Machine Learning for Retail Sales Forecasting — Features Engineering

Understand the impacts of additional features related to stock-out, store closing date or cannibalization on a Machine Learning model for sales forecasting

Machine Learning for Retail Sales Forecasting — Features Engineering

Understand the impacts of additional features related to stock-out, store closing date or cannibalization on a Machine Learning model for sales forecasting

Article originally published on Medium.

Based on the feedback of the last Makridakis Forecasting Competitions, Machine Learning models can reduce the forecasting error by 20% to 60% compared to benchmark statistical models. (M5 Competition)

Their major advantage is the capacity to include external features that heavily impact the variability of your sales.

For example, e-commerce cosmetics sales are driven by special events (promotions) and on how you advertise a reference on the website (first page, second page, …).

This process called features engineering is based on analytical concepts and business insights to understand what could drive your sales.

In this article, we will try to understand the impact of several features on the accuracy of a model using the M5 Forecasting competition dataset.

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I. Introduction
1. Data set
2. Initial Solution using LGBM
3. Features Analysis
II. Experiment
1. Additional features
2. Results
III. Conclusion and next steps

I. Introduction

1. Data set

This analysis will be based on the M5 Forecasting dataset of Walmart stores sales records (Link).

  • 1,913 days for the training set and 28 days for the evaluation set
  • 10 stores in 3 states (USA)
  • 3,049 unique in 10 stores
  • 3 main categories and 7 departments (sub-category)

The objective is to predict sales for all products in each store, in the following 28 days right after the available dataset. We have to perform 30,490 forecasts for each day in the prediction horizon.

Retail Sales Forecasting by Product Family
M5 Forecasting Competition Dataset — (Image by Author)

We’ll use the validation set to measure the performance of our model.

2. Initial Solution using LGBM

As a base model, we will use a very clear and concise notebook shared by Anshul Sharma in Kaggle. (Link)

The idea is to understand how we can improve the accuracy of the model only by adding additional features (without touching the hyperparameters or changing the algorithm).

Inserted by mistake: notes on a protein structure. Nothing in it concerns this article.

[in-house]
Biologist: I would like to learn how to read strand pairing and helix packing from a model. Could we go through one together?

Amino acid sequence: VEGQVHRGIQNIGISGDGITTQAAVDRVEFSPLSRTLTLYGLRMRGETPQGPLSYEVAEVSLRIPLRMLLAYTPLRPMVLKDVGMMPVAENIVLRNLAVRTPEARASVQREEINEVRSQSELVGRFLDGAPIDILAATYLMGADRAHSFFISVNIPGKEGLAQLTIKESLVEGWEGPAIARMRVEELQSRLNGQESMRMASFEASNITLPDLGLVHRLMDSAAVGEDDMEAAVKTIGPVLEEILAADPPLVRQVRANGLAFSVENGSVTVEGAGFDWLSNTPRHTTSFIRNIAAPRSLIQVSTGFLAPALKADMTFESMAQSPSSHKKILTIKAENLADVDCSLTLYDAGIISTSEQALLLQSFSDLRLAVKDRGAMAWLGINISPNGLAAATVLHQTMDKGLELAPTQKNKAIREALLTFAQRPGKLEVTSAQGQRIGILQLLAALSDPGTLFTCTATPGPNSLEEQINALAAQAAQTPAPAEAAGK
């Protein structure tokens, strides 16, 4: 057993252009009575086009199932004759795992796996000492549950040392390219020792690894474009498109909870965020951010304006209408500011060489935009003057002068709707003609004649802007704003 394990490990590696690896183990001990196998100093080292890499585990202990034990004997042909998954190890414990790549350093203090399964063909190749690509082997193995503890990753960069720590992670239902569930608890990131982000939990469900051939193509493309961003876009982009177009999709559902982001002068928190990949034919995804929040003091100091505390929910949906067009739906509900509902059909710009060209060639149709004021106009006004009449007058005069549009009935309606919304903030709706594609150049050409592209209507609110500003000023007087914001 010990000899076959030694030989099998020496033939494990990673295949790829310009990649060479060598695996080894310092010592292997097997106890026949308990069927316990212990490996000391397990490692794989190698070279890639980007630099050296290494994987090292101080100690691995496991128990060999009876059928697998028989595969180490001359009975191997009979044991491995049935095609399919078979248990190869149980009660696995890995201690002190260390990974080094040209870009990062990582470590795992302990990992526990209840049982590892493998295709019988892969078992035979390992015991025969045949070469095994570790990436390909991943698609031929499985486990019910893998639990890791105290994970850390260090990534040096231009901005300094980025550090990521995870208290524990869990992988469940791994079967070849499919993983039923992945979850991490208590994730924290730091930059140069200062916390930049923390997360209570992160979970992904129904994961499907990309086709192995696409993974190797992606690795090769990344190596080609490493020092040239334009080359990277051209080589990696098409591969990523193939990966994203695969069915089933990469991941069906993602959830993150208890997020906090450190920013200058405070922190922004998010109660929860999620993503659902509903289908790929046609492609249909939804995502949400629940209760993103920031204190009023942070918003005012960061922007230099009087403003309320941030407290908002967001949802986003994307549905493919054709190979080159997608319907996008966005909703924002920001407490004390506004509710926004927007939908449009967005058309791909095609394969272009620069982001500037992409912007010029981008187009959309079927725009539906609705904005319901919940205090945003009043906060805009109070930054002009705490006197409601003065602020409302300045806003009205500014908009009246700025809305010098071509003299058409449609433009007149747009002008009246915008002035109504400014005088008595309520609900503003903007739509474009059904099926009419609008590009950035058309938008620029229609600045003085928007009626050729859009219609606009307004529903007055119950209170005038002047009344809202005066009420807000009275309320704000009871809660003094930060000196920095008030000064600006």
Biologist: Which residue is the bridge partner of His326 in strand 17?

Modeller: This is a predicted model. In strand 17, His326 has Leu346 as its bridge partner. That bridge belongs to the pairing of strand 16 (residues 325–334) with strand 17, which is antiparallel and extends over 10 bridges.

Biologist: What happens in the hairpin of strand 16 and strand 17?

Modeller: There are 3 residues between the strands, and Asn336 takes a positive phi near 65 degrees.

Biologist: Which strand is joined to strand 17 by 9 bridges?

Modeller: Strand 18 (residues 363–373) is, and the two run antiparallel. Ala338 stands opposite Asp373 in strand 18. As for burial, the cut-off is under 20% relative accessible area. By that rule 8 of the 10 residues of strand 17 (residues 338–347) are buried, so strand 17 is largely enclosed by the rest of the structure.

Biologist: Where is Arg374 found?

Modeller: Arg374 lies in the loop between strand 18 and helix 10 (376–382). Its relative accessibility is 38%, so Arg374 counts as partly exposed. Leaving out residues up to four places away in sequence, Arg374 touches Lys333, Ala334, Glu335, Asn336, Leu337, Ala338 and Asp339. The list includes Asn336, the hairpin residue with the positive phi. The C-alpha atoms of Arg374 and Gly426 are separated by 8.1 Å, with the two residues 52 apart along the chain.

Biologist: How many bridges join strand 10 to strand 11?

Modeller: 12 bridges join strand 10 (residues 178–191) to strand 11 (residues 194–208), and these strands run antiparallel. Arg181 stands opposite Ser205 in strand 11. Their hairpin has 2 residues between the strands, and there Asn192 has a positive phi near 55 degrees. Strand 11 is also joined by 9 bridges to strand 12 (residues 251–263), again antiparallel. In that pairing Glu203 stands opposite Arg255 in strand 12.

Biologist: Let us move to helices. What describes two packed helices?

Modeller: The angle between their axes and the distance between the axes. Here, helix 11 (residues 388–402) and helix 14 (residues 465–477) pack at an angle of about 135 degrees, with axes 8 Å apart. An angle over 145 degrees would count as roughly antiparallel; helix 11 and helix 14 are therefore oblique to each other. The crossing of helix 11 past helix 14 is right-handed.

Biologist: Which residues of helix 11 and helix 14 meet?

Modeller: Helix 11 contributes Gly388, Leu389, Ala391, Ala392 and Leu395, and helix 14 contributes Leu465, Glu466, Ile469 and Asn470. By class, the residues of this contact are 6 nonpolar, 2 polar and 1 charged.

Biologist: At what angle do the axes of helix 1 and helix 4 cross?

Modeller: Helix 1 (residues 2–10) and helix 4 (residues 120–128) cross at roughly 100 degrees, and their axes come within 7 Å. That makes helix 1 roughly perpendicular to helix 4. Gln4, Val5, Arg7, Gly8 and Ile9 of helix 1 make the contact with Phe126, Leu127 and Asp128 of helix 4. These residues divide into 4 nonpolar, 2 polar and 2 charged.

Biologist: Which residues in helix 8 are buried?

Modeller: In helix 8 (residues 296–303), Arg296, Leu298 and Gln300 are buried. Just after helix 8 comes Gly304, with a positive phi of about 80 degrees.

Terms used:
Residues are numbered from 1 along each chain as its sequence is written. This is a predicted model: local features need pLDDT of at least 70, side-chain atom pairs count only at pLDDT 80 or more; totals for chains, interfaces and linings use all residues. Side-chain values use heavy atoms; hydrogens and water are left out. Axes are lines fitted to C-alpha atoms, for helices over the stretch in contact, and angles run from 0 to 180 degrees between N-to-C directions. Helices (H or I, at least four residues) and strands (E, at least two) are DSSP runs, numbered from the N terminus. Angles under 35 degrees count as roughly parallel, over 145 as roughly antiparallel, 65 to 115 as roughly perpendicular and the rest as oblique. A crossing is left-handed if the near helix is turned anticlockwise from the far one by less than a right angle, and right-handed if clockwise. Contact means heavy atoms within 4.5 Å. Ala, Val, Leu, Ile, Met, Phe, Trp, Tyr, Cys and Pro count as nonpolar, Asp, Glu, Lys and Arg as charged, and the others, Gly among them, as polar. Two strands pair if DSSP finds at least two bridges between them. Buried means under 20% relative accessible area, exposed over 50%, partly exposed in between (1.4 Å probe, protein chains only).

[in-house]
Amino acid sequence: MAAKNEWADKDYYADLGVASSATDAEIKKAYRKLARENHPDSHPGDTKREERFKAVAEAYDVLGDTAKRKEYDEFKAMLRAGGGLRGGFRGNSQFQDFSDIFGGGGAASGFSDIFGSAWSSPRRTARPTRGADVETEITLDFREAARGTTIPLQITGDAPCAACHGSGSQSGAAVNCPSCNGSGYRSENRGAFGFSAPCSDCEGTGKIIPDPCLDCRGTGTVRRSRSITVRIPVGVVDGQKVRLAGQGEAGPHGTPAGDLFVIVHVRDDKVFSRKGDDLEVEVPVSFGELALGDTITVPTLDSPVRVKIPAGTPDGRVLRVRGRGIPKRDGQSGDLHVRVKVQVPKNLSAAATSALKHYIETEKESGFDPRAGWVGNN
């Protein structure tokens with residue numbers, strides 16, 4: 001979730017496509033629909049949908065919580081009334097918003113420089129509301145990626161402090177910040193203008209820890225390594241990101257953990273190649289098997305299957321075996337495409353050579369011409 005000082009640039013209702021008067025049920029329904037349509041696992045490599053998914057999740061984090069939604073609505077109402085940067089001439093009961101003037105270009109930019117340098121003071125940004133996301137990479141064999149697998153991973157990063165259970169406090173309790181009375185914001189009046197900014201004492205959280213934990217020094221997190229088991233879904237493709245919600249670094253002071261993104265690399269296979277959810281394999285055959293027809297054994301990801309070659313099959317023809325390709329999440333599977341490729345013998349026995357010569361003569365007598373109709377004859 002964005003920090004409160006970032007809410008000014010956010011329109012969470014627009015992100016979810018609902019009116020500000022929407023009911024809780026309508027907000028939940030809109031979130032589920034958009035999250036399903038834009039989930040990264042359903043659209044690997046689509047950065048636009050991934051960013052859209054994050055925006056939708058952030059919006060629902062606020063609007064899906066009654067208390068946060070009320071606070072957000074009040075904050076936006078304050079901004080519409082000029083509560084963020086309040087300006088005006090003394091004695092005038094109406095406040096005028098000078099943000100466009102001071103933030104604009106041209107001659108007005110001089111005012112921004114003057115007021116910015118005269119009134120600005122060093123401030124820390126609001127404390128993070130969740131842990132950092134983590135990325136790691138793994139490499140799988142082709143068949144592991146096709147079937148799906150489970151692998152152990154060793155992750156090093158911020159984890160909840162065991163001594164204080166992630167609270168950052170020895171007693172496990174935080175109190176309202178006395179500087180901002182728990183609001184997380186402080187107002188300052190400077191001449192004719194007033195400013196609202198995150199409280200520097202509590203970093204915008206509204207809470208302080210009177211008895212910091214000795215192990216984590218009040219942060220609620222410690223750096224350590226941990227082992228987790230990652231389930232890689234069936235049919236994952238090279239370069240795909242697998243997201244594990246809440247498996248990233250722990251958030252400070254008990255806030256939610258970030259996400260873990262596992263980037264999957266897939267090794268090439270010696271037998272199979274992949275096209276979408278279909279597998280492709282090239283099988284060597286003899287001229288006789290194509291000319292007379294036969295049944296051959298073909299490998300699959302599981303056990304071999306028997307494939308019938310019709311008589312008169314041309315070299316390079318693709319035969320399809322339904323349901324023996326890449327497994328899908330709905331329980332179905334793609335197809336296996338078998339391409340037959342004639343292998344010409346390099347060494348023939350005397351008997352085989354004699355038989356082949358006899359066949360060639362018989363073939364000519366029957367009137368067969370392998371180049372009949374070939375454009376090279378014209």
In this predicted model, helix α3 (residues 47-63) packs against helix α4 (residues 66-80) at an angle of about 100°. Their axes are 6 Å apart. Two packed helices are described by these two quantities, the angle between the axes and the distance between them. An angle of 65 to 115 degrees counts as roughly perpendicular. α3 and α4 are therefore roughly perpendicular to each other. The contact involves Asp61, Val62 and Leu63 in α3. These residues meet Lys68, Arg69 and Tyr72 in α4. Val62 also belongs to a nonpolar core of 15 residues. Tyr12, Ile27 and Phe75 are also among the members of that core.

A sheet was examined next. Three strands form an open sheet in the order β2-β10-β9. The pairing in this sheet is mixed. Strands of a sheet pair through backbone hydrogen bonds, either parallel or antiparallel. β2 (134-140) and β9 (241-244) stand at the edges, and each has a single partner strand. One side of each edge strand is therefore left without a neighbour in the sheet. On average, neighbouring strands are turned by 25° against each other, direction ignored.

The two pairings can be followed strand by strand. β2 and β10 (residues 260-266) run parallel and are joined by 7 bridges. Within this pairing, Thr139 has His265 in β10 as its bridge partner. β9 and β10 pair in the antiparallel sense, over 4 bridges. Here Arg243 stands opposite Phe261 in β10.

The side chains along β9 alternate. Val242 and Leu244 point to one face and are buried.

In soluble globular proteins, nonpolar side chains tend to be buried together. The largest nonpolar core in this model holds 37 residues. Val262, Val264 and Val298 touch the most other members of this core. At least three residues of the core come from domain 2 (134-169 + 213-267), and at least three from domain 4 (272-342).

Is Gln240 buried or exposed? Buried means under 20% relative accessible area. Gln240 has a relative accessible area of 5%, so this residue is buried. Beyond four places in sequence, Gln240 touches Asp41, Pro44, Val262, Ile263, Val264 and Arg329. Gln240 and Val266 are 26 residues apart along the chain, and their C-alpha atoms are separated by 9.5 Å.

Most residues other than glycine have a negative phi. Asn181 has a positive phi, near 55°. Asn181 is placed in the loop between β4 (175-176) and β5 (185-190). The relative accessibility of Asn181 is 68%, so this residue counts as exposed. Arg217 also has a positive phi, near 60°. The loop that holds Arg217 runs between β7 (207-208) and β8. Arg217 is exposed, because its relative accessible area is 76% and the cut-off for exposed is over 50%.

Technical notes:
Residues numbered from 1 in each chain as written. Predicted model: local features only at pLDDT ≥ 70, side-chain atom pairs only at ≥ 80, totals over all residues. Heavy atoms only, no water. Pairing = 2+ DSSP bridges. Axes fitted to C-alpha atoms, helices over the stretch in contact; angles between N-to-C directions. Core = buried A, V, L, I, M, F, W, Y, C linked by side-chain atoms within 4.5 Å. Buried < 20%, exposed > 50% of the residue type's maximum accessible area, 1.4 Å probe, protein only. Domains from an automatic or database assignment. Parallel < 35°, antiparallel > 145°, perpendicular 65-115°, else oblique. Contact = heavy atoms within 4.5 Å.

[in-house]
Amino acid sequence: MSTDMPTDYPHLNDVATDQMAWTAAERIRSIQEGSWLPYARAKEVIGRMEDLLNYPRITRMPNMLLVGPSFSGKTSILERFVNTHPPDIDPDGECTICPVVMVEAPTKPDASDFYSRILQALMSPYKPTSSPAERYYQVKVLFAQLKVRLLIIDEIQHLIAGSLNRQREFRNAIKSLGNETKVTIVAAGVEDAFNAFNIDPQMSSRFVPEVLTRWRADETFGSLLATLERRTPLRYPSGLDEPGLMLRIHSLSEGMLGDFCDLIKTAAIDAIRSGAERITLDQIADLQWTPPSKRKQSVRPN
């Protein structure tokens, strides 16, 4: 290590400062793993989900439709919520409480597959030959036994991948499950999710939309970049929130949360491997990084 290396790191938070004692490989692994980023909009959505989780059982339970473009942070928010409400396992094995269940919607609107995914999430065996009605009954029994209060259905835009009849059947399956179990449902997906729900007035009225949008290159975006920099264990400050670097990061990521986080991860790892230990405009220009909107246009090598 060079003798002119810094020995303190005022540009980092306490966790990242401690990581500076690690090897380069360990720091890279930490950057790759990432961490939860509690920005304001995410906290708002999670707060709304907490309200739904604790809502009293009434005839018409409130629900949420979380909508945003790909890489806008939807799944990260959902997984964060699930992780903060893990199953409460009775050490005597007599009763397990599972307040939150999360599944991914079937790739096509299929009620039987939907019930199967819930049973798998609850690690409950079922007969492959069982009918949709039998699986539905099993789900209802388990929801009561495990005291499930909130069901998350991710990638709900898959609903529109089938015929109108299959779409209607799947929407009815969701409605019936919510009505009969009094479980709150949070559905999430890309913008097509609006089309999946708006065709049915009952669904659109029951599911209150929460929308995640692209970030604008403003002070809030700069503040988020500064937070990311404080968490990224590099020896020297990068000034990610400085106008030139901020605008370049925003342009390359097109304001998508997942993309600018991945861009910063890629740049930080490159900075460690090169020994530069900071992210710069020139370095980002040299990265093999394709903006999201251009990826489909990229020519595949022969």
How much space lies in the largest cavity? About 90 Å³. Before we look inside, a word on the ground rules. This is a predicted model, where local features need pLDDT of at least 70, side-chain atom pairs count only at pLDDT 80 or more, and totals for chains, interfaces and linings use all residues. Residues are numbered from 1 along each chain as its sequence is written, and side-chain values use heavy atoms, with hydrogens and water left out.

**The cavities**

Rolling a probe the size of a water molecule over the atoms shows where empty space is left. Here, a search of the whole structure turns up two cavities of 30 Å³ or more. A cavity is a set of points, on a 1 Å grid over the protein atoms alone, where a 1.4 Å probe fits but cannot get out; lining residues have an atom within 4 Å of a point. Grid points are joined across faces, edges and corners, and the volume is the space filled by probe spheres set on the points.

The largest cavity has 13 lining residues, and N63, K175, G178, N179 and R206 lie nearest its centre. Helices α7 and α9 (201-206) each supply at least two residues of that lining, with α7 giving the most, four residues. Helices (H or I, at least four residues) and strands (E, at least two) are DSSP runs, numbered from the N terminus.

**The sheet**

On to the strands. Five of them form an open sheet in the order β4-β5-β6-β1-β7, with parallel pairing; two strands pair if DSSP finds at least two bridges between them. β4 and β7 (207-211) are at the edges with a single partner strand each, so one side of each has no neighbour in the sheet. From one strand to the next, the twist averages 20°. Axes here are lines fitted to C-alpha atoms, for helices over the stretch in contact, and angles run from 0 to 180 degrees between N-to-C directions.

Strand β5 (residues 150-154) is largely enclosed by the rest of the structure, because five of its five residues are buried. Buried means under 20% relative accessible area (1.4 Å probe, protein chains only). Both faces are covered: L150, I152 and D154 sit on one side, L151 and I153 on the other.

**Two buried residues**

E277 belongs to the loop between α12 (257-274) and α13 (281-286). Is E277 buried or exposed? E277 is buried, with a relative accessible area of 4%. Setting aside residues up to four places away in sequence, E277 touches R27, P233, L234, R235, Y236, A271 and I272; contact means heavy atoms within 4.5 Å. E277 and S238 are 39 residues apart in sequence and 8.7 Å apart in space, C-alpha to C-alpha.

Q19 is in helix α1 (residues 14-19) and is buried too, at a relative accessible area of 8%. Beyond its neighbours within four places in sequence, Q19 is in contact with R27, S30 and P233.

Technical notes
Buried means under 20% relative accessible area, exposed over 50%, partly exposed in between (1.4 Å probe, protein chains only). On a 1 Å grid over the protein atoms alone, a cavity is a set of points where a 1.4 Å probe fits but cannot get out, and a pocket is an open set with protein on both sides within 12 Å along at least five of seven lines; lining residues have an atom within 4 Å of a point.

In this notebook, you will find all the different steps to build a quite good model with a reasonable computing time:

  1. Import and processing of raw data
  2. Exploratory Data Analysis
  3. Features Engineering
    i) Seasonality: week number, day, month, day of the week
    ii) Pricing: the weekly price of an item in each store, special events
    iii) Trends: sales lags (n-p days), average volume per {item, (item +store)}, …
    iv) Categorical Variables encoding: item, store, department, category, state
  4. Model Training: 1 model LightGBM per store

3. Features Engineering

In order to emphasize the impact of features engineering, we will not change the model and only look at which features we use.

Let us split the features used in this notebook into different buckets.

Bucket 1: Transactional Data

# Item id
'id', 'item_id',
# Store, Category, Department
'dept_id', 'cat_id', 'store_id', 'state_id'
# Transaction time
'd', 'wm_yr_wk', 'weekday', 'wday', 'month', 'year'
# Sales Qty, price and promotional events
'sold', 'event_name_1', 'event_type_1', 'event_name_2', 'event_type_2', 'sell_price'
events and sell_price
Capture the impact on sales of a special event on an item of selling price XXX.
What could be the impact of a special event with -20% reduction on sales of baby formula the second week of the month?
Open Question
What would be the impact on the accuracy if we do one-hot encoding for the categorical features?

Bucket 2: Sales Lags and Average

# Sales lag n = sales quantity of day - n
'sold_lag_1', 'sold_lag_2', 'sold_lag_3', 'sold_lag_7', 'sold_lag_14', 'sold_lag_28'
# Sales average by
'item_sold_avg', 'state_sold_avg',
'store_sold_avg', 'cat_sold_avg', 'dept_sold_avg',
# Sales by XXX and YYYY
'cat_dept_sold_avg', 'store_item_sold_avg', 'cat_item_sold_avg',
'dept_item_sold_avg', 'state_store_sold_avg',
'state_store_cat_sold_avg', 'store_cat_dept_sold_avg'
Measure the week-on-week or month-on-month (7 days, 28 days) similarities to capture the periodicity of sales due to people shopping at these frequencies.
Do you have relatives going to the hypermarket every Saturday to shop for the whole week?
Find the full code in my Github repository: Link (Follow me :D)

II. Experiment

1. Additional features